By Goya Verity
The thrill of stepping onto the plane at Heathrow Airport, alone, is unparalleled: finally, a rare opportunity to see the world for yourself and on your own terms. Having spent the last two years in and out of national lockdowns and trapped by travel restrictions, for many of us delaying or cancelling travel plans to accommodate friends and family is no longer an easy or desirable choice. Solo travelling can take various forms, and each traveller has their own reason for wanting to journey alone: it might be an attempt to overcome a personal fear on a simple return trip or a prolonged search to ‘find yourself’, backpacking for months on end.
Facing the world alone, whether that be the hustle and bustle of Istanbul or the undulating hills of the Scottish Highlands, can be an enriching experience: not only can the trip be tailored to your own passions, needs, and wellbeing, but overcoming personal battles in the face of adversity can lead to a greater appreciation of your own self-identity and capabilities. The holiday can be a no-compromise, no-restrictions trip, at your own pace without consulting anyone else but your own heart and soul (and your bank account). Besides, having a liberating personalised itinerary, solo travelling is a chance to reflect and detach yourself from day-to-day reality — the reason why many travellers decide to go solo in the first place.
Yet detaching yourself completely from the familiar can leave you vulnerable and isolated, and while loneliness and being alone are not the same, one may start to feel like the other, affecting the morale of the trip. This might manifest itself in various ways, such as the awkwardness of eating alone, though it needn’t be frowned upon: people will not judge you as much as you think, particularly in parts of the world that are rife with solo- UK-travellers. Homesickness is amplified when travelling alone, but it can be a rewarding experience to reach out and interact with the locals and culture of your host country. Meeting people along the way is, in fact, an inevitable part of the experience — it can be as easy as sharing a hostel room with friendly travellers or booking a popular tour or route to strike up a conversation with other solo and group-goers; such places are the crossroads of the adventurous and it is almost impossible not to meet like-minded people. The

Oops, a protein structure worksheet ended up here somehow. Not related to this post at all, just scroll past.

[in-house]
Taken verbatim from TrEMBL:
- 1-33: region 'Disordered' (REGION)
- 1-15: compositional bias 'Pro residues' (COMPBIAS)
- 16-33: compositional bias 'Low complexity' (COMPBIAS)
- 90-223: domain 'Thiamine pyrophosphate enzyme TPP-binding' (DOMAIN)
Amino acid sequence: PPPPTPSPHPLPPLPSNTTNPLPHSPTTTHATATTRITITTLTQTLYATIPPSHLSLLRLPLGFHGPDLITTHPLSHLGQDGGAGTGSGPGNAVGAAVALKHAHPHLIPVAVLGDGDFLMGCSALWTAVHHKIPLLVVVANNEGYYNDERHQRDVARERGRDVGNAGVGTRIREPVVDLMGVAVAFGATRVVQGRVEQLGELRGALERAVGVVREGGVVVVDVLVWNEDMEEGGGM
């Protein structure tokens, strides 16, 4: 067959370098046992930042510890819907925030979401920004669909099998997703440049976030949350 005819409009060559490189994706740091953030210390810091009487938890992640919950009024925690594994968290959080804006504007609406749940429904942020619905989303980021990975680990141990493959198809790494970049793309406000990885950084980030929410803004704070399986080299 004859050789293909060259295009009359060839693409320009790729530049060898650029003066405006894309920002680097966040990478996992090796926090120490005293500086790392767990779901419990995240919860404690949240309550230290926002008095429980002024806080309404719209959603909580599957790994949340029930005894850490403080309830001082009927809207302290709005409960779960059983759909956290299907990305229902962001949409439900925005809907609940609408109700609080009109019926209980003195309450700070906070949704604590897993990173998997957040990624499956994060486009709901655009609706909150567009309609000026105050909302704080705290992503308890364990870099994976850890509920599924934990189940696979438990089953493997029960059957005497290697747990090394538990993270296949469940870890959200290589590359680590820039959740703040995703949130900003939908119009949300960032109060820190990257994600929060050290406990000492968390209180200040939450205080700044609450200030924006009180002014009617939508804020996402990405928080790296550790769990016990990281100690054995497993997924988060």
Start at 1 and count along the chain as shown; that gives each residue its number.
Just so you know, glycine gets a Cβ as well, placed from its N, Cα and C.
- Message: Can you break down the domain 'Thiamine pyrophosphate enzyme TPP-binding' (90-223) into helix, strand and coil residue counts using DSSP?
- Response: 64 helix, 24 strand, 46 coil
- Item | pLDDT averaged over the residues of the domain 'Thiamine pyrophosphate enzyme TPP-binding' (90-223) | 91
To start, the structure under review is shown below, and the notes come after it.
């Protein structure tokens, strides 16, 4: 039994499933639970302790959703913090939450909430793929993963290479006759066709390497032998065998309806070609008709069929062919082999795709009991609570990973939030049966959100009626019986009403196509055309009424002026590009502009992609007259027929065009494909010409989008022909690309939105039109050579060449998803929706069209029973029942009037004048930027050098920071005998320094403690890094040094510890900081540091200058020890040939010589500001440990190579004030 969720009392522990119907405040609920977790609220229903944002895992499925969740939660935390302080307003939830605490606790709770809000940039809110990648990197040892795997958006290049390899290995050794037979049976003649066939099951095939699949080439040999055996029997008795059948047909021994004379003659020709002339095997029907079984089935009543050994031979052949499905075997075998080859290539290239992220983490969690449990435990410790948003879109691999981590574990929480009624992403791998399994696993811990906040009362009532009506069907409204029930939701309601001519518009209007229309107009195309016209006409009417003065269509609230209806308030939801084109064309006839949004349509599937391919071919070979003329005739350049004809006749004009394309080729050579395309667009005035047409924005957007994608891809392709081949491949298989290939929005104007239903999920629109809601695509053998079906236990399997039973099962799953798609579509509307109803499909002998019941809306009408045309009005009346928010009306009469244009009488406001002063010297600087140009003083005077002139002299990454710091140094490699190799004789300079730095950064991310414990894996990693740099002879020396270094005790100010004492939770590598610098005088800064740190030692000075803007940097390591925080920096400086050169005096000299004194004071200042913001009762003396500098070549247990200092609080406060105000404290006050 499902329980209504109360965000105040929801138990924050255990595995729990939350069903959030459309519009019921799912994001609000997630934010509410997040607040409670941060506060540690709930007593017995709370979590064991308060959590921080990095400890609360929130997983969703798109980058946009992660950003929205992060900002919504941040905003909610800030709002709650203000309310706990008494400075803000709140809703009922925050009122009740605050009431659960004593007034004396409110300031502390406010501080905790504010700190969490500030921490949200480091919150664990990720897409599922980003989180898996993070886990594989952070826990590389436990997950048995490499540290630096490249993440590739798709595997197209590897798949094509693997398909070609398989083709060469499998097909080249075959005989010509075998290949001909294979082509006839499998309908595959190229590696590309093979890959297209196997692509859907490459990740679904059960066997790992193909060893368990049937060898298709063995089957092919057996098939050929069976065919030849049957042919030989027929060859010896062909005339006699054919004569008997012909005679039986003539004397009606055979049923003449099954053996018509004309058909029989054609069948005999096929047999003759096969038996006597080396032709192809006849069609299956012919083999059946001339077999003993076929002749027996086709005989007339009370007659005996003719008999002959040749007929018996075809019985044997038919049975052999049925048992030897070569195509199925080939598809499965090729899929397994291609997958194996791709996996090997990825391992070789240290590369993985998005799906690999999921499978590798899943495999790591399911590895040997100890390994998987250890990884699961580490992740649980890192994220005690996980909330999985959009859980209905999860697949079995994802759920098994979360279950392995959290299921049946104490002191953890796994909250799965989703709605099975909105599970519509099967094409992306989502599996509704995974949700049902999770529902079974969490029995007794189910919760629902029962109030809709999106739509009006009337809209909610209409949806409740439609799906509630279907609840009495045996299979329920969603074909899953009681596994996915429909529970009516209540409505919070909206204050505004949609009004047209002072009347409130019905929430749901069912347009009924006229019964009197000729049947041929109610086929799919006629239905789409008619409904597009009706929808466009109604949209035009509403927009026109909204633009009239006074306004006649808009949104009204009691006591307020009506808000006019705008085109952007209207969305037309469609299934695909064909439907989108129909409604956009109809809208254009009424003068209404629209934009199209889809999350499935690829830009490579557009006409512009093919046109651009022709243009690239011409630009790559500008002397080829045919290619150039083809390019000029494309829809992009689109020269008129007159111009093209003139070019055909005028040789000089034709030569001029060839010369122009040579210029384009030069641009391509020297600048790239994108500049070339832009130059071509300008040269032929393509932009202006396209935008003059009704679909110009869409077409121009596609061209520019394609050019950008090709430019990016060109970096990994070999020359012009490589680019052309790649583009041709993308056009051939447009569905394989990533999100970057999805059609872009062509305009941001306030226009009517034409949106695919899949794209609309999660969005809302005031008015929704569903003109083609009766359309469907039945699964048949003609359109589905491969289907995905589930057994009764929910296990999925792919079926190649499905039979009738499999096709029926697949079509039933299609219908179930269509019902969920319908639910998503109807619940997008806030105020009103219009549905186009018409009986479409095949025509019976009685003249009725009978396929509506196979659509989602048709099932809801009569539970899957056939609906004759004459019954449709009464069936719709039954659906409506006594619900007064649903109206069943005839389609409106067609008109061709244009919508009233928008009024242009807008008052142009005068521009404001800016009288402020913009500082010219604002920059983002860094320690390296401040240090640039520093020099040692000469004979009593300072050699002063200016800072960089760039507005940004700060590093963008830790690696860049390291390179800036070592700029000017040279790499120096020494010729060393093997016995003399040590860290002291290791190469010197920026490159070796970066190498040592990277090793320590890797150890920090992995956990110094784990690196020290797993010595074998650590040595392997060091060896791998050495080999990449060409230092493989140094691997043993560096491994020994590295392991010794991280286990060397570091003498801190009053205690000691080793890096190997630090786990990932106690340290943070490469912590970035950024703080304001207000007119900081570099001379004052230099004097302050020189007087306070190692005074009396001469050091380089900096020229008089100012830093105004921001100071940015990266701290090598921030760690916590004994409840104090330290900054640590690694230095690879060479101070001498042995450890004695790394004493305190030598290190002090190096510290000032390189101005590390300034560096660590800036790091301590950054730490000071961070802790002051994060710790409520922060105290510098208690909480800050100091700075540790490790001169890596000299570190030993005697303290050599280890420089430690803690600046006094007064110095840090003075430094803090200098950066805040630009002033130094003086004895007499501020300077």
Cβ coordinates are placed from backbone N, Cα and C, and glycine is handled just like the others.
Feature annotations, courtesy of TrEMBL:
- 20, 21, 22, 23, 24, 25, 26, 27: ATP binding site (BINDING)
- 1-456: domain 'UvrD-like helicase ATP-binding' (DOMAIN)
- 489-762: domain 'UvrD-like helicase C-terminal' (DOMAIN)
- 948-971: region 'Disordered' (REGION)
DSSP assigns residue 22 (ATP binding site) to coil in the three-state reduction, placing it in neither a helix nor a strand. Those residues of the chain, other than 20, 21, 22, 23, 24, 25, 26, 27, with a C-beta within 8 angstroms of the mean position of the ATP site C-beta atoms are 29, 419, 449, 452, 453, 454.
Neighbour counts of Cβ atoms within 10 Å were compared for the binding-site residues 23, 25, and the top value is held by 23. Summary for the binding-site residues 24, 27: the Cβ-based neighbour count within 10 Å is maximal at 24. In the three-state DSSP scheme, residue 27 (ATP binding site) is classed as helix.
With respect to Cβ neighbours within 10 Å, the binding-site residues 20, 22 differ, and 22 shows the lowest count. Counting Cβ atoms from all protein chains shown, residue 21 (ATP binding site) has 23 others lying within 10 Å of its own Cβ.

experience also presents a social opportunity to introduce yourself on your own terms and in your true colours to the people you meet rather than acting as one of a group — a big confidence booster for the shyer explorers.
While travelling alone can be incredibly empowering, such an adventure should not be untaken without adequate preparation and planning. Without a companion, the responsibility to enjoy and protect yourself exists in equal measure: female and minority travellers in particular must consider personal safety more meticulously without the mutual protection of a pack. With the right research into avoiding dangerous neighbourhoods and sly scams, however, it is possible to travel anywhere. Travelling solo, however, could also be more expensive than travelling in a group or pair because the economy of scale is not on your side. Still, one might argue that the beauty of solo travelling is priceless.
A solo odyssey is not only an exciting way to experience the world, but one which can build relationships with other people, and most importantly, with yourself. To those who fear this solitary adventure: don’t forget that you can get by with a little help from your friends and fellow travellers you meet along the way. Travelling alone is recognised to be immensely rewarding — filled with joys, triumphs and once-in-a-lifetime opportunities — and if it is also interspersed with challenges and hardships that have to be overcome, the experience is all the richer for it.
Illustration: Anna Kuptsova